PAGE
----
The Epi Info software (version 2000) was used for data input and the SPSS software (version 12.0J) (SPSS, Japan Inc., Tokyo) for data analysis. First, we described the prevalence of childhood diarrhoea and the food-hygiene practices. Then, we performed bivariate analysis to examine the relationships between the food-hygiene practices of mothers and the prevalence of childhood diarrhoea. Finally, multiple logistic regression analysis was performed to adjust for the confounding factors to examine a relationship between the food-hygiene practices and the prevalence of diarrhoea among children. The diarrhoea-prevalence variable was adjusted for confounding factors, such as age of child, gender, education of mother, hand-washing by the child with soap after toilet, hand-washing by the child with soap before eating, hand-washing by the mother with soap after toilet, and hand-washing by the mother with soap before feeding. We adjusted these variables as they were associated with childhood diarrhoea in previous studies (9,20,22–25,34–38). In this study, possession of a refrigerator was also considered to reflect the economical status of household; therefore, we also included this variable in the model. We reported the odds ratio (OR) of diarrhoea among children and 95% confidence interval (CI).
The mean age of 206 children was 27.7 (standard deviation [SD]=15.0) months: 71.3% were aged 6 months–2 years. In all, 115 (55.8%) were male (Table (Table1).1). The number of first-born or second-born children was 199 (96.6%). All children had started receiving some additional food or drink other than breastmilk before the survey period. Overall, 46 (22.7%) children had diarrhoea at least once in the past two weeks before the interview (Table (Table1).1). The mean age of the mothers was 30.5 (SD=4.8) years. Regarding the education of mothers, 200 (98.0%) attended at least secondary school (grade 6–9), and 129 (63.2%) attended at least high school (grade 10–12) (Table (Table1).1). Overall, 68 (34.5%) mothers worked as farmers. Twenty-nine (14.7%) mothers were housewives. For the question “who takes care of the child most frequently?”, 168 (76.4%) answered ‘mother’, and 38 (17.3%) answered ‘grandmother’. The mean number of family members was 4.6±SD=1.5. 63.1% had refrigerators.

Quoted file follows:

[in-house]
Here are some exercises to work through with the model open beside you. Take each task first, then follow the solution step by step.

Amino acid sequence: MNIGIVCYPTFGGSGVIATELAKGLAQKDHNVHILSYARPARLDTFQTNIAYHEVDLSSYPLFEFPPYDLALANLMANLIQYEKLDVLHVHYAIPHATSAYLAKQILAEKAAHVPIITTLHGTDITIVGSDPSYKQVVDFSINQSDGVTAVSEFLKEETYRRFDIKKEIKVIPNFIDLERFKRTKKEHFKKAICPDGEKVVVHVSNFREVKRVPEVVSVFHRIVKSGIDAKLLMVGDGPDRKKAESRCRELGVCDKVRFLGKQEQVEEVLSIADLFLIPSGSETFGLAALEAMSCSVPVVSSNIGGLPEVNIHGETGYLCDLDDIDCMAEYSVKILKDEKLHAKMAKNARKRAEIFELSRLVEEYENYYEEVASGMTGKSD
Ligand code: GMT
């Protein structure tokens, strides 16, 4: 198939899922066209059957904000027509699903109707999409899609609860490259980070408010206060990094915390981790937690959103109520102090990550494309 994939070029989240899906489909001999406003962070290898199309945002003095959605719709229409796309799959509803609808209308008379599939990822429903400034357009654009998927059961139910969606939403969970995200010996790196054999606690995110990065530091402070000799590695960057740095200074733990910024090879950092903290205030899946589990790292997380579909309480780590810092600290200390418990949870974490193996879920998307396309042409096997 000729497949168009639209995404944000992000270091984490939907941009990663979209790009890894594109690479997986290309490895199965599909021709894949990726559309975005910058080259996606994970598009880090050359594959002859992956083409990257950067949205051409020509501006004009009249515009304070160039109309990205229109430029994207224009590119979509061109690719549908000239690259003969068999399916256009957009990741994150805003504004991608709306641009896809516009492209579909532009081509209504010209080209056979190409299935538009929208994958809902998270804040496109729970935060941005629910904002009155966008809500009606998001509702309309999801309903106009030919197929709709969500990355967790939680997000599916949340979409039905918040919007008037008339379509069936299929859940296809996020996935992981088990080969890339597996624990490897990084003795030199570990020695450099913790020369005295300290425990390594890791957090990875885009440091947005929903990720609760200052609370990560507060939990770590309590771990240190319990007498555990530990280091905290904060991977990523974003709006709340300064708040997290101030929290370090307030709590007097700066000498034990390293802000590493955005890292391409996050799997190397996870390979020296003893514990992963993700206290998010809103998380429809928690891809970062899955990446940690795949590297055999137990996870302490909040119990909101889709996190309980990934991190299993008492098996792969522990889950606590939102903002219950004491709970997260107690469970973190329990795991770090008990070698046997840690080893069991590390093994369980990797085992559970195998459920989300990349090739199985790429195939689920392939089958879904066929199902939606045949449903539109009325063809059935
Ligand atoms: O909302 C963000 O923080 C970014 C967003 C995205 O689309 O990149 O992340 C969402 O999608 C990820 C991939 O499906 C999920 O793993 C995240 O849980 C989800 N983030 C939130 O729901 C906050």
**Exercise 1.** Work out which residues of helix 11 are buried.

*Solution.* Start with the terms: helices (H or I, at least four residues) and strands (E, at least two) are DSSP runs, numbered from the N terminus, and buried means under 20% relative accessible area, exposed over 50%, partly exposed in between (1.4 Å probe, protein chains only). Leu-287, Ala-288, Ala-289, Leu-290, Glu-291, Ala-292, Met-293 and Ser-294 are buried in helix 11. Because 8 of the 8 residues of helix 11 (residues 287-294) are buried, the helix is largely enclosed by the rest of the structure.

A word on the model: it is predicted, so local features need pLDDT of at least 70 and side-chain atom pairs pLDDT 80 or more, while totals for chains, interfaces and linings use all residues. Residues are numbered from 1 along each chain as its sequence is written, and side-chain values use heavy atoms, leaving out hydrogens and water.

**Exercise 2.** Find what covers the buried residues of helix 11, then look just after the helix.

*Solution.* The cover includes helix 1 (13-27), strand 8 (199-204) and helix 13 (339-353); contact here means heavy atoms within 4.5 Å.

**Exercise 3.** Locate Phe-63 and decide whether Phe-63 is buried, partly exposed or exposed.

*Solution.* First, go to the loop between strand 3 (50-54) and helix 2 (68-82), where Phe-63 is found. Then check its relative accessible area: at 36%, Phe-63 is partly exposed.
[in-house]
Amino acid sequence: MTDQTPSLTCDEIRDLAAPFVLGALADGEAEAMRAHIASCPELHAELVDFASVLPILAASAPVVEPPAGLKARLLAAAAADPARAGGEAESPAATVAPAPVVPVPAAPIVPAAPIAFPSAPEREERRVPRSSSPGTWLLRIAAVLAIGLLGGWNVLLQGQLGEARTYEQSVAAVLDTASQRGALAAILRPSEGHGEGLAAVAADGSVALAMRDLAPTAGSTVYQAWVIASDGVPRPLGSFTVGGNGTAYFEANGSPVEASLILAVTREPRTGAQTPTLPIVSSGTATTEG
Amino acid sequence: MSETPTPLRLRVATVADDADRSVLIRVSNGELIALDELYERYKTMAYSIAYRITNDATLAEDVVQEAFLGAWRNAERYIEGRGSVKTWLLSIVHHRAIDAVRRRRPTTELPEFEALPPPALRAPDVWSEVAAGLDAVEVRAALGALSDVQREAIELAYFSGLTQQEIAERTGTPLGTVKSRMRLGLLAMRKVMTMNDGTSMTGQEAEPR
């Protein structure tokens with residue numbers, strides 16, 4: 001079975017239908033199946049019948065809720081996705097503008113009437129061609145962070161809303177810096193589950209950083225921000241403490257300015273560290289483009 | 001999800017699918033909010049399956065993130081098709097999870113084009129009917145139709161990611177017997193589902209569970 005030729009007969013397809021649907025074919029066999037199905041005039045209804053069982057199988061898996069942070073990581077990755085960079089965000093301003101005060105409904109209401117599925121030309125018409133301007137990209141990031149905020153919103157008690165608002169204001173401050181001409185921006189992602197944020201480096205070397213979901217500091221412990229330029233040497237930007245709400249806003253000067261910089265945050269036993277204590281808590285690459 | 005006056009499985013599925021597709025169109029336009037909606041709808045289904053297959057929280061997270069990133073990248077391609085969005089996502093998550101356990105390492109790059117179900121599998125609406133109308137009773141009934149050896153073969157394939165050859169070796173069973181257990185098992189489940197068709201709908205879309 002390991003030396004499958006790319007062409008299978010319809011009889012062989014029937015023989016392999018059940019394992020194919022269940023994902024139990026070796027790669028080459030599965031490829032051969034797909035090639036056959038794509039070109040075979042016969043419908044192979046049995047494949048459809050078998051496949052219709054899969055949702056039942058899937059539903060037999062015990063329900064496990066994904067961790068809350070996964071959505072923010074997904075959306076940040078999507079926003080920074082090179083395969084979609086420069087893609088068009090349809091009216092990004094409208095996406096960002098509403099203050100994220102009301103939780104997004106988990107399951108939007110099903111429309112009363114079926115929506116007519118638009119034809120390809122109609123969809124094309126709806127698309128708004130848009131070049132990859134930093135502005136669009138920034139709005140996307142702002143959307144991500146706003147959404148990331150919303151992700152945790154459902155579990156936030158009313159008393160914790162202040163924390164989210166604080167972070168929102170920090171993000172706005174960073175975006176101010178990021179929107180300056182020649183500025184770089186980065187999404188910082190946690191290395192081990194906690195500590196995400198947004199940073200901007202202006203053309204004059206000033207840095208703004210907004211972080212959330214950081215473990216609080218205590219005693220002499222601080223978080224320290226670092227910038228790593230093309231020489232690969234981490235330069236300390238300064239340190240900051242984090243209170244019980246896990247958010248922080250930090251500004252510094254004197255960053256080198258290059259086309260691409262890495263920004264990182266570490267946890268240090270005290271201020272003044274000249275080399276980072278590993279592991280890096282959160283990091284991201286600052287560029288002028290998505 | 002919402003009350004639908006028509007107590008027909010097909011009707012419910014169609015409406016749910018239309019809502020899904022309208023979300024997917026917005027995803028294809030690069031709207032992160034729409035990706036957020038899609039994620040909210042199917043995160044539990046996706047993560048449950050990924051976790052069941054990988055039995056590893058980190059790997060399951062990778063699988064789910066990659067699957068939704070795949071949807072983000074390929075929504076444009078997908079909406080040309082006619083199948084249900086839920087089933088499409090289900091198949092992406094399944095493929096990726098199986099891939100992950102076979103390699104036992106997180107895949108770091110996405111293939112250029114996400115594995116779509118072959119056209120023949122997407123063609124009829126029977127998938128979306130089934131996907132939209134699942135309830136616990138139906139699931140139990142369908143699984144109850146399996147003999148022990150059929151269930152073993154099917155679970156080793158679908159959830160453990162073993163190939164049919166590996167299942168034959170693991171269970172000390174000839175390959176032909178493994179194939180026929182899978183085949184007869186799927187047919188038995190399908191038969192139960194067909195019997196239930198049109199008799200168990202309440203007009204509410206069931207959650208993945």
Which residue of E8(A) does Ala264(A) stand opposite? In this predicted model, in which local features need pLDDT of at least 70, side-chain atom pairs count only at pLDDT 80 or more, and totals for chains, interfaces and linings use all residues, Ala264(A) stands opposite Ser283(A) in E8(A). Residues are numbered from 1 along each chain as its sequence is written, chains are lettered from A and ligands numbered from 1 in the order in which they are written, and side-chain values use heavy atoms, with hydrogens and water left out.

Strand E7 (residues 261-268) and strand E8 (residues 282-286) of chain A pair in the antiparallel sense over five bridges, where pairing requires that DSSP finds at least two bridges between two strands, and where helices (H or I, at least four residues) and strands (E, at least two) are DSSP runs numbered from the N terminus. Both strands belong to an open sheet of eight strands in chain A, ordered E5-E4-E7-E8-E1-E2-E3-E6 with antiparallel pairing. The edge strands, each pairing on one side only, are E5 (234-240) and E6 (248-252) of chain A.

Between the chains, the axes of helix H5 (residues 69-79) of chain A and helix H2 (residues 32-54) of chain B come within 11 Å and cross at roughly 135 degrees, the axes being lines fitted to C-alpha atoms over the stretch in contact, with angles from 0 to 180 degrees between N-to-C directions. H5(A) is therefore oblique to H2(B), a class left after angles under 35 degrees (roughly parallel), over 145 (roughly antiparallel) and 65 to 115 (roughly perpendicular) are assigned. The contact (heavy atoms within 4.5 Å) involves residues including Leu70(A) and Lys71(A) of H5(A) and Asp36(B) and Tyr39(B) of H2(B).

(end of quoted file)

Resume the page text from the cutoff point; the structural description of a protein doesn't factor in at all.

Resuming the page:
Table Table22 shows the condition of sanitation, water management, hand-washing practices, and food-hygiene practices. In terms of sanitation, nearly all (205 of 206) households had a private toilet, and of these, 159 (77.6%) had a water-flush toilet. The water-flash toilet has an underground tank and is flushed by pouring in a bucket of water. Forty-one (20%) had the sewage-tank of single/double vault latrine, which is located on the ground, and faeces are used as fertilizer for agriculture. Five (2.4%) used biogas vault latrine or septic tank. As for water management, the households in the hamlet used several water sources, such as water from water-treatment facility, private wells, rainwater for drinking purpose but 204 (99.0%) boiled water before drinking.
Finally, analysis of hand-washing practice of children revealed that 36.8% of the 182 mothers reported that hands of children were always washed with soap after using the toilet, and 29.7% of the 192 mothers reported that hands of children were always washed with soap before eating. Two hundred six mothers (59.2%) always washed their hands with soap after using the toilet, and 206 (43.2%) mothers always washed their hands with soap before feeding.
Table Table22 shows that 206 (30.1%) mothers always washed their hands with soap before preparation of foods. For washing utensils, 205 (86.8%) mothers always washed utensils by water with soap. Eightyseven (42.4%) of the 205 mothers did not separate utensils for raw or cooked food, and 58 (28.2%) mothers did not always prepare foods for cooking on the table. Of the 58 mothers, 52 (89.7%) prepared foods for cooking always on the ground, and five (8.6%) prepared foods for cooking sometimes on the ground.
The prevalence of diarrhoea was 32.3% (n=31) among children aged less than one year, and it was 31.3% (n=67) among children aged one year. On the other hand, the prevalence of diarrhoea was 16.7% (n=48) among children aged two years. It was 13.8% (n=29) among children aged three years and 10.7% (n=28) among children aged four years. Its prevalence was significantly higher among children aged less than two years than among children aged 2–4 years (odds ratio [OR]=2.78, 95% (confidence interval [CI] 1.39–5.55) (Table (Table33).